Business How do they Prepare
By: • 3 years ago •
How do they Prepare
Elite athletes spend 4 hours a day and 6 days a week training for 1 event that may last less than 10 seconds every 4 years.
How do they guarantee they are in the perfect state for competition at that time?
Well… unfortunately for many they are not able to achieve anything like their personal best, for others, they outperform expectations.
These athletes have trained and competed for years, it is those pressure situations like that of these upcoming Commonwealth Games and currently the Winter Olympics that really highlights the need for performance mindset coaching.
Athletes are spending $Billions for the latest sportswear and technical design for equipment that gives an athlete the edge in sport.
Companies are capitalising on this need for the edge and consistency. Yet if the athlete is nervous before competition or during it, all the benefits of clothing and equipment become irrelevant.
We marvel at the abilities and determination of these athletes to do what they do and to be honest, we are not designed to push the limits of mind and body to this extreme. Every time they step out to train or compete, they are pushing the limits of one of the basic fundamentals of the human mind… survival.
The athlete who wins on the day is the one who has the best balance of physical abilities and mental strength.
At the elite level, when these international competitions take place, the physical aspect is done.
You have done all the training and the body is in peak condition physically and nutritionally.
Not many understand that physical training is also training the mind… like learning to walk!
Neural pathways create the ‘muscle memory’ from this physical repetition in the mind.
Interesting to note, when athletes train, they train in a relaxed state and then when they get to competition, the pressure can throw them into a stress response. This can tighten up muscles and all technique disappears, putting them at greater risk of injury and poor performances.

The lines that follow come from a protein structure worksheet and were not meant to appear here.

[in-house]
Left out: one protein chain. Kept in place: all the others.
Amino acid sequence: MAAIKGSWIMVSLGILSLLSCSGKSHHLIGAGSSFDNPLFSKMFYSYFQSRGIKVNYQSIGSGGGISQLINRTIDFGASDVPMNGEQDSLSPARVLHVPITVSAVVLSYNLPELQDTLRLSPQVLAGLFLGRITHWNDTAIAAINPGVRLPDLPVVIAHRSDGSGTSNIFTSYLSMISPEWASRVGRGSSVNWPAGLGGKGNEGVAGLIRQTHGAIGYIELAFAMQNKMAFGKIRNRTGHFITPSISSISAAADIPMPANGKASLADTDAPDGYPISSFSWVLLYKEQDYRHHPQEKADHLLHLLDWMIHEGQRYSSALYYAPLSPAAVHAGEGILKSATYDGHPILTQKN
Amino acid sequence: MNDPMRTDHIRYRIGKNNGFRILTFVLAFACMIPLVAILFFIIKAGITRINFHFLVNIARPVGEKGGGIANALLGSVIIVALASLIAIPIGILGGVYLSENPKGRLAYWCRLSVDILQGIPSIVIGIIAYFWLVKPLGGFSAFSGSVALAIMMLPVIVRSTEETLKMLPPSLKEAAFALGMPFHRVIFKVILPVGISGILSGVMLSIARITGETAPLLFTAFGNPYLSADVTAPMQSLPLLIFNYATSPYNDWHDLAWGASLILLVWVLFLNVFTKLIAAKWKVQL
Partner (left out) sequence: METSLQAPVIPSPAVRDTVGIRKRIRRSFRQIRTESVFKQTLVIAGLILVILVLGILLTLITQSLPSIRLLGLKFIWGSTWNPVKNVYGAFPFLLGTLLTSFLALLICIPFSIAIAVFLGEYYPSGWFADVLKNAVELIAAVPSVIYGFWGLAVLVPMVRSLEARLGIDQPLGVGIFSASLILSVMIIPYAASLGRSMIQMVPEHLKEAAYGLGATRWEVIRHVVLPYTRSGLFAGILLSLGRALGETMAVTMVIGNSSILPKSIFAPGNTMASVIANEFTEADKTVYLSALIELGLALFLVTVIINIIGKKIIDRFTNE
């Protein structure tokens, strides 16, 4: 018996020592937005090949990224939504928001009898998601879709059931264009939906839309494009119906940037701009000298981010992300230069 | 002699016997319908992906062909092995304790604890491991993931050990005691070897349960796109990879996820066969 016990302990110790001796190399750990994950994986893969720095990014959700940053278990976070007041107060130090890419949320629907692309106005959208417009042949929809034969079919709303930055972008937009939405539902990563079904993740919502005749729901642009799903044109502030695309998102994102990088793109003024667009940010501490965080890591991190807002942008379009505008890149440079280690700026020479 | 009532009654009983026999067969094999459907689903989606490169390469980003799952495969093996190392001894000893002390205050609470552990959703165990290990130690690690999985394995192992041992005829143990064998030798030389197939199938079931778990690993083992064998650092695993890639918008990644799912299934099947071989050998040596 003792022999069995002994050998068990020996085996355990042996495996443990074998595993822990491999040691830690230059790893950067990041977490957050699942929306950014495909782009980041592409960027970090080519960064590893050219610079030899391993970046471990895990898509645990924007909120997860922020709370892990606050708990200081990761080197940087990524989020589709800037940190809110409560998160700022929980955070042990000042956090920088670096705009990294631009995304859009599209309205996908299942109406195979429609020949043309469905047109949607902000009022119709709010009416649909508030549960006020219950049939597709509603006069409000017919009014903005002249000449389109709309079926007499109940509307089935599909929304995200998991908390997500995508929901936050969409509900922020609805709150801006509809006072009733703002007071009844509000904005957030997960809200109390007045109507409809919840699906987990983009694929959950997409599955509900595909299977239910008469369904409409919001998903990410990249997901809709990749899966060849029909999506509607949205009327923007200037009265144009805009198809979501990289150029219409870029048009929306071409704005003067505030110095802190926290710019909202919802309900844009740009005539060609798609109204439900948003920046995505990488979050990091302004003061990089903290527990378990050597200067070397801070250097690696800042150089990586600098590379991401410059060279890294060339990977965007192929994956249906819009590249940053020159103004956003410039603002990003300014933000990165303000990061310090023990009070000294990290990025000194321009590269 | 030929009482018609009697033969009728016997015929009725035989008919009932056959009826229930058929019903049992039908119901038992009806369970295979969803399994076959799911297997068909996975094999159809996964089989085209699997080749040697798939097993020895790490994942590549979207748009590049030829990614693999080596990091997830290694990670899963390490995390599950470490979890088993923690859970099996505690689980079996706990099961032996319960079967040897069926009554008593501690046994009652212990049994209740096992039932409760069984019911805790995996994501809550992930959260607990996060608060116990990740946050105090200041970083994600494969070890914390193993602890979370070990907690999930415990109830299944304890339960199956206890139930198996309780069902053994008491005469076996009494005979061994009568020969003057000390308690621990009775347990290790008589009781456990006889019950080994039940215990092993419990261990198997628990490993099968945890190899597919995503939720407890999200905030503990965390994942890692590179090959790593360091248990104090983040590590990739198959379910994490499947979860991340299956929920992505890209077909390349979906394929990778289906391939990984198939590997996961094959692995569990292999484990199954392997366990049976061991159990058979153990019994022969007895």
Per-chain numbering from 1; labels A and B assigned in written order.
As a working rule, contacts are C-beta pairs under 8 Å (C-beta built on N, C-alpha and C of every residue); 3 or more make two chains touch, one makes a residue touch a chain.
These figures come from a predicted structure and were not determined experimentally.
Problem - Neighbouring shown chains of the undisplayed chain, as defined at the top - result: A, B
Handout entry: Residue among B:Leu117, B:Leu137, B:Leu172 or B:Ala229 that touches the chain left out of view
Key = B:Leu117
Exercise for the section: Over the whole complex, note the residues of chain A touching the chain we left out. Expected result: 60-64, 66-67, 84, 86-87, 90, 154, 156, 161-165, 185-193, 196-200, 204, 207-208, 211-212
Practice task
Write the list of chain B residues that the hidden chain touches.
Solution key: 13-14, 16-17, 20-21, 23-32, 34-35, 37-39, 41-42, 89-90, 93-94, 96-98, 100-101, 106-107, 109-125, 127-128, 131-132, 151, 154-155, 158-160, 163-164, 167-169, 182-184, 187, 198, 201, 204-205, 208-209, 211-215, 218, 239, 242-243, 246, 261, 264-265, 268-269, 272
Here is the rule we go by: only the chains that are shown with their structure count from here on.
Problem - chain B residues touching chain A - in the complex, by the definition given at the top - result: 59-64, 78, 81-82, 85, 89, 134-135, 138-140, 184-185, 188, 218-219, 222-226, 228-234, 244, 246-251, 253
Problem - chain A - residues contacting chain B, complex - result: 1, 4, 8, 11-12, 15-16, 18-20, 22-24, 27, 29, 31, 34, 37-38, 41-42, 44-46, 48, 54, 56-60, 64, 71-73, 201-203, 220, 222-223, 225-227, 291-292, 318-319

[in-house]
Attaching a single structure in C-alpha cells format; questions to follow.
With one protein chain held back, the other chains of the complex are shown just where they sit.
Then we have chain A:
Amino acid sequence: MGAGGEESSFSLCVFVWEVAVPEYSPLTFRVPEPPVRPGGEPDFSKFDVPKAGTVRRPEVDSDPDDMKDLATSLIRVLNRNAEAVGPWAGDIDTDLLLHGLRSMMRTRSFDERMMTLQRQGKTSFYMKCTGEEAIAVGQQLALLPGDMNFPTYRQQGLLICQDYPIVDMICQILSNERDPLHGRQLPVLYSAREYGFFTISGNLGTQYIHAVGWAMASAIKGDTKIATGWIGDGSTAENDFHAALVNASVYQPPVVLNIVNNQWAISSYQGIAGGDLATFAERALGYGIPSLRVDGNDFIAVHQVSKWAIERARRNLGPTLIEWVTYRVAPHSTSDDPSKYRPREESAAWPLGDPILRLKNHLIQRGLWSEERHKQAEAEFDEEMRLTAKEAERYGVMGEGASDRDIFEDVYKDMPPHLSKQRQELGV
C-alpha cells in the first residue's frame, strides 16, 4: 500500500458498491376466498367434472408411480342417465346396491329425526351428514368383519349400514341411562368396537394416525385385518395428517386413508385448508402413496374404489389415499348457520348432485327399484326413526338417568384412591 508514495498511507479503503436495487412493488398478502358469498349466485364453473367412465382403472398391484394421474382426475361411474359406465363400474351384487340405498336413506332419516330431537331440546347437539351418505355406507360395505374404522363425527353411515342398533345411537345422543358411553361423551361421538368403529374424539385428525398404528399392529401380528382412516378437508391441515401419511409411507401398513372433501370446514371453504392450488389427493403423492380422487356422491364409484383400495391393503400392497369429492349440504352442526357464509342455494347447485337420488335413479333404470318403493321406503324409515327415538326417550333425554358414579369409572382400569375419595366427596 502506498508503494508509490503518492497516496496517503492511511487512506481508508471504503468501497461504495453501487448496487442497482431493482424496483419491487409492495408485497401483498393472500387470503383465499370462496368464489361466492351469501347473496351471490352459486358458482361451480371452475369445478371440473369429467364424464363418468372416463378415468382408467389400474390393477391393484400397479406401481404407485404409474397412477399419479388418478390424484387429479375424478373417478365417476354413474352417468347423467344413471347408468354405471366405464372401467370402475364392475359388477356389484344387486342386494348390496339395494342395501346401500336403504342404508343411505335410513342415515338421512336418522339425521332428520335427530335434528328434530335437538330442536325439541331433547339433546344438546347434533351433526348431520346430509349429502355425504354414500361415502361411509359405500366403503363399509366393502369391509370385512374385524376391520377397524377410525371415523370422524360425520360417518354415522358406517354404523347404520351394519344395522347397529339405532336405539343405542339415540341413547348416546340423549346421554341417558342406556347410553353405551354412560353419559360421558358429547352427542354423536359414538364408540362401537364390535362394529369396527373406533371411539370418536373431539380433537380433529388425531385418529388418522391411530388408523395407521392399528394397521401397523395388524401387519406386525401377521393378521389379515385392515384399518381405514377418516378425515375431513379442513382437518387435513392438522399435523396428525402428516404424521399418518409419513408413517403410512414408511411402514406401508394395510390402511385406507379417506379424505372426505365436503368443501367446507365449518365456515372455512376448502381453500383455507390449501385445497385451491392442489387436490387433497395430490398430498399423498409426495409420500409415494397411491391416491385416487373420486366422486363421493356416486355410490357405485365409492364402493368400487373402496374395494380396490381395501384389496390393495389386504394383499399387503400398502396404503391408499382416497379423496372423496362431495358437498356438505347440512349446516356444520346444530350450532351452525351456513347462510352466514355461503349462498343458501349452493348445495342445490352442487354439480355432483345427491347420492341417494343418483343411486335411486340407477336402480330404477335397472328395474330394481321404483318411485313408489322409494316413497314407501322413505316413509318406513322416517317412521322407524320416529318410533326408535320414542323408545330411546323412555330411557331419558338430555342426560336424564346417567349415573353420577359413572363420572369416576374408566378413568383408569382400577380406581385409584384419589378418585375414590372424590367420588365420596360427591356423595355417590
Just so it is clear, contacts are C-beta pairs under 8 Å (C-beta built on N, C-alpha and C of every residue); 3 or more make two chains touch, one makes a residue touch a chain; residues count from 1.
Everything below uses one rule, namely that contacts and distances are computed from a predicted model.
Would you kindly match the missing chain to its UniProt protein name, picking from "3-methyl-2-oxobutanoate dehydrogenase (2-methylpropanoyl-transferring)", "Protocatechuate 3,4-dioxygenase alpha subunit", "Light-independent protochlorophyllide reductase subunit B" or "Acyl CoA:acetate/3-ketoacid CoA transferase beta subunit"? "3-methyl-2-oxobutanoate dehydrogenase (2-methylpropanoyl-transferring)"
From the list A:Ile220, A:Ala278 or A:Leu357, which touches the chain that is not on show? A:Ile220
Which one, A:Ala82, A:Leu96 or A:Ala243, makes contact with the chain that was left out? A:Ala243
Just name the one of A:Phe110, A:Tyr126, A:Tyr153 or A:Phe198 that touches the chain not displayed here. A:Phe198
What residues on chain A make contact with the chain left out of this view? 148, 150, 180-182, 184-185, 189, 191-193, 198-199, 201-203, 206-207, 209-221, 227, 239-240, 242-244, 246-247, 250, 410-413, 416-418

And that is not to mention the inner battle of self- belief… Are they good enough, is the training enough, how will the conditions be, will they be competitive, how will they perform on the day?
And for extreme sports… will the next competition be my last ever?
Having worked with World Champions from many sports, I know that the best way to bring it all together on the day is to be relaxed.
A great example is a Commonwealth Games sprinter just before his final at the State titles in February. I happened to bump into him in the shops between the semis and final. He was just too hyped and buzzing.
I told him to slow his mind through the processes I taught him. The following day, I had a great message of thanks, as this made the difference in his performance.
At the timing to write this article, he has become a 4-time National Champ and on his way the Commonwealth Games.
The level of arousal or adrenaline is critical for any athlete, some need to be relaxed, like shooters and others who need exlosive reaction like sprinters, will need a different approach.
Years ago, I had the pleasure of working with an U17 year old National 400m hurdles Champion.
The nerves he suffered from had him physically sick, days out from an event. After a few sessions over a month, we had him running 3.9 seconds faster. That is close to a 9% reduction in time. Remember, he was already a National Champion and over 400m and his gain, due to the reduction in time, was a staggering 27.6 metres!
You can see how dramatic nerves can be on performance and how managing nerves can be much more beneficial than any aerodynamic shoe!
There are 13 fundamentals of the human mind that I have documented over the last 12 years in clinical practice and all of these are constantly in play.